A PIP may be needed when an employee’s performance (i.e. the quality or quantity of work produced) slips or doesn’t meet expectations or when an employee exhibits inappropriate behavior that needs to be documented and corrected. A PIP will help guide struggling staff by laying out a set of goals and expectations that he or she must meet over a designated period – typically 90 days, but possibly sooner in the case of more troubling situations.  

Prior to issuing a PIP, as part of the investigative process and dialogue, you should rule out any misunderstanding of expectations. Sometimes an employee may be calling off frequently or showing up late because the shifts they have been assigned are not the ones they requested when they started. Simply allowing employees to request and update scheduling preferences could solve many of the problems that usually warrant a PIP.

“It is critical to allow for an open dialogue and feedback from the employee to help determine whether the employee has been provided all the tools and resources necessary for him or her to be successful,” SHRM says.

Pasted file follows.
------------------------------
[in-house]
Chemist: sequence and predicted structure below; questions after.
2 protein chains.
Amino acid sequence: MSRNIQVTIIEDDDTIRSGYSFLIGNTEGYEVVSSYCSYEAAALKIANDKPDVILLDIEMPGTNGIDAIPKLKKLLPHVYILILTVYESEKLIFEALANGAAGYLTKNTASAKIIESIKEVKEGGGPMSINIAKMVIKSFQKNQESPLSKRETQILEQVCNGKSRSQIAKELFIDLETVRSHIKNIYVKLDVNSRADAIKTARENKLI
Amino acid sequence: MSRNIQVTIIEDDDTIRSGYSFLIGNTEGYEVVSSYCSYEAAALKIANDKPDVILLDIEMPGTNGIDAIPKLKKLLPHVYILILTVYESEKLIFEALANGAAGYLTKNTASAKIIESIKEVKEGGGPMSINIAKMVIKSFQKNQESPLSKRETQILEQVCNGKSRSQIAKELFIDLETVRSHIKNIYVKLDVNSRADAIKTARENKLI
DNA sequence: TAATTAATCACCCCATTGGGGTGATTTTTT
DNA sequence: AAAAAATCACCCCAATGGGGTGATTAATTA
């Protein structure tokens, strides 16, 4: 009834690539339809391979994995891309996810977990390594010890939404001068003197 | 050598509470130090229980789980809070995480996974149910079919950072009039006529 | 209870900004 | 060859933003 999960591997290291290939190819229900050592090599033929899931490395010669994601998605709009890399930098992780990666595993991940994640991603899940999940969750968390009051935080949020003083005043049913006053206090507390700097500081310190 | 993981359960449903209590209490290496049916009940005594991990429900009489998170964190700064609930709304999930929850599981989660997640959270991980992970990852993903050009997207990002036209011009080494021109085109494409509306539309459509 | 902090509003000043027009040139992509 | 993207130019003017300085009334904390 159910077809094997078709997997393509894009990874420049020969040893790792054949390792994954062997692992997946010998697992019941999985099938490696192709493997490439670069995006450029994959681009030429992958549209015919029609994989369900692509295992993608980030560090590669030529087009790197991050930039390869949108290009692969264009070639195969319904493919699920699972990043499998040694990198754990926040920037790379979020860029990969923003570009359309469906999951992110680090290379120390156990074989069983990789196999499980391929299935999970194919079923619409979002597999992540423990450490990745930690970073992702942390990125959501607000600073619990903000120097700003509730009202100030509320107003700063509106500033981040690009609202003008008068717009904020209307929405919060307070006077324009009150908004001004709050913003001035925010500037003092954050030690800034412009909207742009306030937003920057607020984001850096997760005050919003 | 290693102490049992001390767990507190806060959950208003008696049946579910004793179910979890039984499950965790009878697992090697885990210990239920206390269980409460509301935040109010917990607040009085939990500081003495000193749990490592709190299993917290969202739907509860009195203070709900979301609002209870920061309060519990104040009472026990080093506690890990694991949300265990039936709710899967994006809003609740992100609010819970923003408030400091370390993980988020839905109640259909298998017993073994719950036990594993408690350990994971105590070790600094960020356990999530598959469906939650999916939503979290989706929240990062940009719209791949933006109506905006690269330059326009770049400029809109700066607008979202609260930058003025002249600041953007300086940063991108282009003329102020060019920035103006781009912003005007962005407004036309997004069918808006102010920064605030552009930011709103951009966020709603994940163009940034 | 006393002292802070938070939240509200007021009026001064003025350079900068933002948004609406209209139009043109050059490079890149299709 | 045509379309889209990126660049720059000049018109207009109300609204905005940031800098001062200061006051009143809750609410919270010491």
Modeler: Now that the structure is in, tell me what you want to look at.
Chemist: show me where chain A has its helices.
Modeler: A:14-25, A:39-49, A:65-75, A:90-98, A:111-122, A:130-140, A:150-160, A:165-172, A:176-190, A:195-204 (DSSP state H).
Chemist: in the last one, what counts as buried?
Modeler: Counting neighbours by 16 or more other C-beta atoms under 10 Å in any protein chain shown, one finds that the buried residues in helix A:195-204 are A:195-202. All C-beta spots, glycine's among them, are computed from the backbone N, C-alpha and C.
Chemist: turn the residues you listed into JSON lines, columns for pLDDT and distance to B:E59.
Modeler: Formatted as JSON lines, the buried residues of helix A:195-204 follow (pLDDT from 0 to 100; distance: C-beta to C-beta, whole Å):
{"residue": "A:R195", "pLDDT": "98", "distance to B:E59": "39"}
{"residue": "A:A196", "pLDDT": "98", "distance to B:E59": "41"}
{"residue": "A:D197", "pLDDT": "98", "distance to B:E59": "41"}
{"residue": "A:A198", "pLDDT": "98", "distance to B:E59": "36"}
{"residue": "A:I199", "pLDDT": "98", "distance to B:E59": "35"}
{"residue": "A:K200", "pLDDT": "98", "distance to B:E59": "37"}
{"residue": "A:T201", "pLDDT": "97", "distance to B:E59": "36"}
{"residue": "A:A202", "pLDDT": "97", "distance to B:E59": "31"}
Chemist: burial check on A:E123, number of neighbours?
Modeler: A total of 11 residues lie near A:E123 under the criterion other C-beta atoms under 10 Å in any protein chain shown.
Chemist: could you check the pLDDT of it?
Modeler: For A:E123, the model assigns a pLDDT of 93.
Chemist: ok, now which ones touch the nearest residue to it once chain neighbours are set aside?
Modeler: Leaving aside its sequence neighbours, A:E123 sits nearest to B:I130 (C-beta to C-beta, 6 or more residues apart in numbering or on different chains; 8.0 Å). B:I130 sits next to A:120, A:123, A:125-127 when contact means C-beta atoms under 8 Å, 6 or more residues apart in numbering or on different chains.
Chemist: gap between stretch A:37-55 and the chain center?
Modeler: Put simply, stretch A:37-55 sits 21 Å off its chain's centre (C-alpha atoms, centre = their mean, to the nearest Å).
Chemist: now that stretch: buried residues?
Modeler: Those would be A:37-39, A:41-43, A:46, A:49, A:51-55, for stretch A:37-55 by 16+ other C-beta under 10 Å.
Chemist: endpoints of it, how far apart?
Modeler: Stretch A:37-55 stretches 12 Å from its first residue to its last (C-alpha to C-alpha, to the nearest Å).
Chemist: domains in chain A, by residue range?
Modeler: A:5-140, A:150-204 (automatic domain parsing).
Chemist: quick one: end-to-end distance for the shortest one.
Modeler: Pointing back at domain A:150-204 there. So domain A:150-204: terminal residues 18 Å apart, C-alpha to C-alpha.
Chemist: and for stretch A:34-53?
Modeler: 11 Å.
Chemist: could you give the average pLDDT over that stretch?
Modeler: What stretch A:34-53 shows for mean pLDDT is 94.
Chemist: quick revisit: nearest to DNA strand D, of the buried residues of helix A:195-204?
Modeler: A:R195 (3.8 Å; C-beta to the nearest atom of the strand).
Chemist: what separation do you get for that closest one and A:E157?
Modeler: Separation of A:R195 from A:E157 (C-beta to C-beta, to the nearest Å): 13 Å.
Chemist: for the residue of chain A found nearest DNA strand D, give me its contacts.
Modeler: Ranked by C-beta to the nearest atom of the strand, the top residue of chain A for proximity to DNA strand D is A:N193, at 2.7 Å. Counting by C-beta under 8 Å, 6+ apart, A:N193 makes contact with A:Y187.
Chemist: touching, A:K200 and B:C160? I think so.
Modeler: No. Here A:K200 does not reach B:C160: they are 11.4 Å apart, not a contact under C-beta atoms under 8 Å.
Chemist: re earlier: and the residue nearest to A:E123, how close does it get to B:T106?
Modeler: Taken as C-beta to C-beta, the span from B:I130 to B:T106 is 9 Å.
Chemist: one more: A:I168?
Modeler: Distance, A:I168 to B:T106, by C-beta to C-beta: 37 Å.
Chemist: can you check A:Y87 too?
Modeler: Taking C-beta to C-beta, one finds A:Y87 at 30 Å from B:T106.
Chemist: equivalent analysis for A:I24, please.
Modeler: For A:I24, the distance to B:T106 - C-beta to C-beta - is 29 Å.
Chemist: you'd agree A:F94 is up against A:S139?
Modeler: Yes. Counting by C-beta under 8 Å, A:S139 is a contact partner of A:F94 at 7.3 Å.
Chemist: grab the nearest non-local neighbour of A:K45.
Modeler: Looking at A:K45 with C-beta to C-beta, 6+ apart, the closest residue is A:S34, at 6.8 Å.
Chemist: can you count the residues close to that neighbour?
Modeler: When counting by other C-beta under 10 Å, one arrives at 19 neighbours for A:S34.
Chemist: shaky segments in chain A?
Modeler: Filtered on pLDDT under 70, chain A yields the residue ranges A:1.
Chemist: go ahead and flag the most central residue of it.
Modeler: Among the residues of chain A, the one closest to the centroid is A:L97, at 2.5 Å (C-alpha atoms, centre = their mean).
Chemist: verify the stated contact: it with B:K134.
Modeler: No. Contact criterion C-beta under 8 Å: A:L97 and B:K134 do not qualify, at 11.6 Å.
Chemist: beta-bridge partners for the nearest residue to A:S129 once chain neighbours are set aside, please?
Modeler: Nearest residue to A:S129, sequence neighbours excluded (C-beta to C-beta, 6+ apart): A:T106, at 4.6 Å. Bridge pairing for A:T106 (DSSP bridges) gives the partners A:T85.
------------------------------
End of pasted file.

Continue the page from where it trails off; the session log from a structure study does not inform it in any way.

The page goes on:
Once you have determined that someone needs a PIP, you should clearly document the reasons for instituting the plan prior to communicating it to the employee. Be as specific as possible, denoting dates that incidents occurred and a detailed account of each. The PIP should also contain the following action items:

  • Specific examples of what the employee must improve on
  • A target date to meet improvements
  • New expectations that must be met consistently
  • A system for communicating including how the employee can ask questions and how the feedback will be provided